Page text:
I use some characters from the Wizard of Oz— the Lion, Tin Man, and Scarecrow—to describe three other patterns. Just as the Lion was too scared to stay present, when we’re triggered by something threatening, we find some way to split—although I’m talking about psychologically and without knowing that we are doing it. We call it dissociation when we separate from our experience so we don’t feel the full impact. There are many ways that this might feel; one is like you’re not really here in your body. Scarecrow lost his brains, and when trauma survivors get in an activated state, the survival part of our brain takes over and the thinking brain essentially goes offline. We can’t think clearly in those moments. Tin Man lost his heart, his ability to feel, and this is similar to the common defense of numbing.
I can’t go through the entire list, but let me just add that people who’ve been traumatized tend to feel different, defective, and alone. It’s quite a load to carry.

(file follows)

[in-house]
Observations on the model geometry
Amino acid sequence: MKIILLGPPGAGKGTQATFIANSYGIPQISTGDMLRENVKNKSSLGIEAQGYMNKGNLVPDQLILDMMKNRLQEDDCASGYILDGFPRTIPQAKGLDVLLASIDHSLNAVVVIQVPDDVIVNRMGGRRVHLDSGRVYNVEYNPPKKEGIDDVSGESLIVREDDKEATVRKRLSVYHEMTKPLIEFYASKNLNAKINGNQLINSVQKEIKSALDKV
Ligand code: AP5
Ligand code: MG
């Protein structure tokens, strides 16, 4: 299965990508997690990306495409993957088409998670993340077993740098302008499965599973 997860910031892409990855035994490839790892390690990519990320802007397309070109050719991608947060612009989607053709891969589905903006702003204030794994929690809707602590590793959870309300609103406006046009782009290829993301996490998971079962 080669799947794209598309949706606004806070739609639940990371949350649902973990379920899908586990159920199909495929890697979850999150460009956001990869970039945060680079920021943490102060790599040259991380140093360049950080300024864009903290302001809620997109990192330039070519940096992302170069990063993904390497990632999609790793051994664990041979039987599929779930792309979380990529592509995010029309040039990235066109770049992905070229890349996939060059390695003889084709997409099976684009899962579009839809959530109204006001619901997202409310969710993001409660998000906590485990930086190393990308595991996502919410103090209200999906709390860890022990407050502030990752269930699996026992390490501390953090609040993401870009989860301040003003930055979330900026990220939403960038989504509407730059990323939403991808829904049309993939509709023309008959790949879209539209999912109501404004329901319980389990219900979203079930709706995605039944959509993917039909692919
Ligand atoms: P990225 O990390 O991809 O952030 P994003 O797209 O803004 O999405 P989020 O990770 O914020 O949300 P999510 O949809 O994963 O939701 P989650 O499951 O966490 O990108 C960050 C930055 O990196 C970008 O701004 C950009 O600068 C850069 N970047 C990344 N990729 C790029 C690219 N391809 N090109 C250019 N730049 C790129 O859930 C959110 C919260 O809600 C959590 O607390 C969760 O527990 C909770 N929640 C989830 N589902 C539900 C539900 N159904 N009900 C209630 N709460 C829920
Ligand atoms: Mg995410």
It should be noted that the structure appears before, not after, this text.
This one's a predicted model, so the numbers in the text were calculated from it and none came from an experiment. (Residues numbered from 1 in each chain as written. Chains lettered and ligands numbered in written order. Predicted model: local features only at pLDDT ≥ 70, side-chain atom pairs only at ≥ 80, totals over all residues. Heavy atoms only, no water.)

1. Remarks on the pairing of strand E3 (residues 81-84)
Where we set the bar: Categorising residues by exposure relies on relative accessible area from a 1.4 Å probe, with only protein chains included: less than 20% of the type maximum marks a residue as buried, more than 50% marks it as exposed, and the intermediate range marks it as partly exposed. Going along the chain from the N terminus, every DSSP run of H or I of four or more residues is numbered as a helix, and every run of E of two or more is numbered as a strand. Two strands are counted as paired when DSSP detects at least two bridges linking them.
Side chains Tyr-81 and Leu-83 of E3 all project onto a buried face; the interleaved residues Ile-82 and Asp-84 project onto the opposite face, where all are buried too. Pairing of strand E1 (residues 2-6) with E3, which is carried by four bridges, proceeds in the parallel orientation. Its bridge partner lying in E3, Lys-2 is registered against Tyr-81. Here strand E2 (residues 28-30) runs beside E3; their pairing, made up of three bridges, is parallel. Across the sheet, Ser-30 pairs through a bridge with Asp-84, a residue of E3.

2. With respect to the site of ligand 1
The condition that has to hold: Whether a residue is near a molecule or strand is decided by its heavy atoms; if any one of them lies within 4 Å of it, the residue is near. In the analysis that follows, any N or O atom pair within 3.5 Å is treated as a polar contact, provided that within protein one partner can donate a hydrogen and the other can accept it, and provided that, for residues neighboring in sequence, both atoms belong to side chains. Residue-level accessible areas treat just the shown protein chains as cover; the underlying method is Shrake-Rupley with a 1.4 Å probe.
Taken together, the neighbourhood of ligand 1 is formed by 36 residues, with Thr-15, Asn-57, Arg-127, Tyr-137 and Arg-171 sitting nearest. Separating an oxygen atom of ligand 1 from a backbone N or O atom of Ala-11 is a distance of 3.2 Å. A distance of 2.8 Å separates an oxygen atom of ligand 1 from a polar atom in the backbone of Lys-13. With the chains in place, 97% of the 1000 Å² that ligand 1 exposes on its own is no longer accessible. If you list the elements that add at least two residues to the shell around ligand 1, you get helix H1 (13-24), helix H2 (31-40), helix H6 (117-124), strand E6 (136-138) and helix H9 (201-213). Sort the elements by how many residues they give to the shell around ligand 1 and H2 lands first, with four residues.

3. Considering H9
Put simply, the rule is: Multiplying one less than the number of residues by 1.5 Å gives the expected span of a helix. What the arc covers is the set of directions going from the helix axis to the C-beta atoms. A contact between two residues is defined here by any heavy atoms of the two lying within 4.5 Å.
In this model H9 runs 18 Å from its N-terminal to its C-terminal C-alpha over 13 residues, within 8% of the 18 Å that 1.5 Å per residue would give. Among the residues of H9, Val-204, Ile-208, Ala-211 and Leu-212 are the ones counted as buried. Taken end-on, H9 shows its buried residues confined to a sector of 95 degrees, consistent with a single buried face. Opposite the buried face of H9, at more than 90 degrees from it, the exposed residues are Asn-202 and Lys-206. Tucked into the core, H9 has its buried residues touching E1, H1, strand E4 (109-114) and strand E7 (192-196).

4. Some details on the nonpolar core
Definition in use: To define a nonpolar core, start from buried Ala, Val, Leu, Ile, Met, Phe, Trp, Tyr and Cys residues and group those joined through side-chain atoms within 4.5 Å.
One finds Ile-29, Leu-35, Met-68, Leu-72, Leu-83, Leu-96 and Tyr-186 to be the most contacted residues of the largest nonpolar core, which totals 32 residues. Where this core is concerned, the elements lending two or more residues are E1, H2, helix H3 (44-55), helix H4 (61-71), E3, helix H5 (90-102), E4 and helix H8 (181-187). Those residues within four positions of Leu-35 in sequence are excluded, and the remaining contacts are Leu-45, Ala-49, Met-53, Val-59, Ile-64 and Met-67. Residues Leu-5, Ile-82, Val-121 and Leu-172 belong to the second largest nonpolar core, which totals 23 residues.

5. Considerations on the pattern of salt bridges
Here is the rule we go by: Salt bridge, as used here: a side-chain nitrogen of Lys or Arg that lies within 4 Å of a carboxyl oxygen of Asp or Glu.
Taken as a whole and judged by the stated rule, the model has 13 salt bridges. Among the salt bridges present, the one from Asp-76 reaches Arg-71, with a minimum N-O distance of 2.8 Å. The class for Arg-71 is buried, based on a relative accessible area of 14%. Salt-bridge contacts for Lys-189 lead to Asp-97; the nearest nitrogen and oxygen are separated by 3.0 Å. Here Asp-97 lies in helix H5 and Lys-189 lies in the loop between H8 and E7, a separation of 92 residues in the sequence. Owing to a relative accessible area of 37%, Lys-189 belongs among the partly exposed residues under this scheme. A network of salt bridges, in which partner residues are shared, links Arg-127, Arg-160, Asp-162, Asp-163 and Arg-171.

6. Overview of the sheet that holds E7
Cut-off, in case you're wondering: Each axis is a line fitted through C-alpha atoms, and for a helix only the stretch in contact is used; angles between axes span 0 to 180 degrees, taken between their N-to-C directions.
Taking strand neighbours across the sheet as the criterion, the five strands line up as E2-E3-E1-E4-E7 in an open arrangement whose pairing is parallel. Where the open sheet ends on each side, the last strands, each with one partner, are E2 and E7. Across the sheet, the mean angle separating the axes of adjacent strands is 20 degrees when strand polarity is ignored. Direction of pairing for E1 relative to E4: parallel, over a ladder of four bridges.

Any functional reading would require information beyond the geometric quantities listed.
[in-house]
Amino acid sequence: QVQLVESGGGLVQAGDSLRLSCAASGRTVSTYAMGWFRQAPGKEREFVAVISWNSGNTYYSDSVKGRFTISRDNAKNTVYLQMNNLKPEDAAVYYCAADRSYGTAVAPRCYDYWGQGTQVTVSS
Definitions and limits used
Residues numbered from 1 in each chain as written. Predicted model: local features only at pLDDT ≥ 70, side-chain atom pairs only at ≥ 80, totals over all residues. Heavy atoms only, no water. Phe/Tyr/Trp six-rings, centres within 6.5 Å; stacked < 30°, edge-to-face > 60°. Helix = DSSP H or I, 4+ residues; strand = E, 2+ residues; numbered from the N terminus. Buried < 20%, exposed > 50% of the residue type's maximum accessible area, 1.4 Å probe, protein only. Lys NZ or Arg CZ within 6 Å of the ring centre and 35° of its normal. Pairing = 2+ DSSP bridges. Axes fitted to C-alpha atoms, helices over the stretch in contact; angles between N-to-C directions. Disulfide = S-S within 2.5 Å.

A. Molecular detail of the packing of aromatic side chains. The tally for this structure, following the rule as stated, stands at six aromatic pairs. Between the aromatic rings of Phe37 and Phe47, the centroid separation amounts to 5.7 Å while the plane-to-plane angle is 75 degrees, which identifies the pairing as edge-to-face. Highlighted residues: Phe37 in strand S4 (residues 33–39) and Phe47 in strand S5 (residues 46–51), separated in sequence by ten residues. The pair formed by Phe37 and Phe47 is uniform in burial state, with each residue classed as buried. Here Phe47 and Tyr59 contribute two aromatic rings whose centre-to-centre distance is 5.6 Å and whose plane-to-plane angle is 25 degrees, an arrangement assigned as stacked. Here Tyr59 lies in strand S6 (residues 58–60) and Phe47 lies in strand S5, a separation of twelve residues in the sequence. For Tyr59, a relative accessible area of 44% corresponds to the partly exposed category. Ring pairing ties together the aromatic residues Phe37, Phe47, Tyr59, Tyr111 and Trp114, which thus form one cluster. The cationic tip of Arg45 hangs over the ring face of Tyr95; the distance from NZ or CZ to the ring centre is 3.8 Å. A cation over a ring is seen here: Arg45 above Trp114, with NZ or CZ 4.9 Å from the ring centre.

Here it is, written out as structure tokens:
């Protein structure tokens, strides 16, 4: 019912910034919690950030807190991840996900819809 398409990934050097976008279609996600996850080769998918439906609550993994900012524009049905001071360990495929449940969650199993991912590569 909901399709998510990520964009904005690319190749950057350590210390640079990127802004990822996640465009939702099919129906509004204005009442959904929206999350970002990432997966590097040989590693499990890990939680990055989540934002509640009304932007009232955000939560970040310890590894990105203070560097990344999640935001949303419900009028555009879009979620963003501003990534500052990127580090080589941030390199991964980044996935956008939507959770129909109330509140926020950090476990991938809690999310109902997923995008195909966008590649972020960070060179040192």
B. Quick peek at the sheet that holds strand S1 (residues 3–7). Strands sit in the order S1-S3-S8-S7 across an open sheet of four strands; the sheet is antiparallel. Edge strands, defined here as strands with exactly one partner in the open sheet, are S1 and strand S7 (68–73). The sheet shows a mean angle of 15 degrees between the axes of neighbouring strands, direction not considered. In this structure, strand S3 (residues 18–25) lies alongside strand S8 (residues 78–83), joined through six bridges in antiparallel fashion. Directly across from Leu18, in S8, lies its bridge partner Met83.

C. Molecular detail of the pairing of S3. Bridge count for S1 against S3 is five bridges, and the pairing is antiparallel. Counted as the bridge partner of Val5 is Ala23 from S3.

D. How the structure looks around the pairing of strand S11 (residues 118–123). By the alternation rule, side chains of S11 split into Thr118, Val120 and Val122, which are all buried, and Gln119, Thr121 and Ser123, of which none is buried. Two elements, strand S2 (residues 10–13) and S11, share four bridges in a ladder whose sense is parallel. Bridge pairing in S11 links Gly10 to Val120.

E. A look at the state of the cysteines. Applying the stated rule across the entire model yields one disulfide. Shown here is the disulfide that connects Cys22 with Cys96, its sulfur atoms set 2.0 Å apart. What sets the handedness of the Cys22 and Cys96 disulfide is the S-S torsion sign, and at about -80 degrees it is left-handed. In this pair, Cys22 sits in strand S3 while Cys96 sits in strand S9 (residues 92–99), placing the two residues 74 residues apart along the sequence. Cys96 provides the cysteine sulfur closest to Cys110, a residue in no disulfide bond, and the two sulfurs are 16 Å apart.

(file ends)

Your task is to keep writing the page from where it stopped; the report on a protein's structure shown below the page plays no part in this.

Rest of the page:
Q: You are a therapist, but you’re also writing as a trauma survivor. Would you tell us a little about what happened to you?
A: I was a victim of incest throughout my childhood. In retrospect, I imagine that some of these symptoms of trauma were present throughout my life, but they certainly weren’t recognized. The incest was completely repressed until I was almost 40. Many of the symptoms I describe were showing up then, and did for many years after this, until I fully worked through this extensive trauma.
Q: We’ve all heard of PTSD. What does it mean to have PTSD?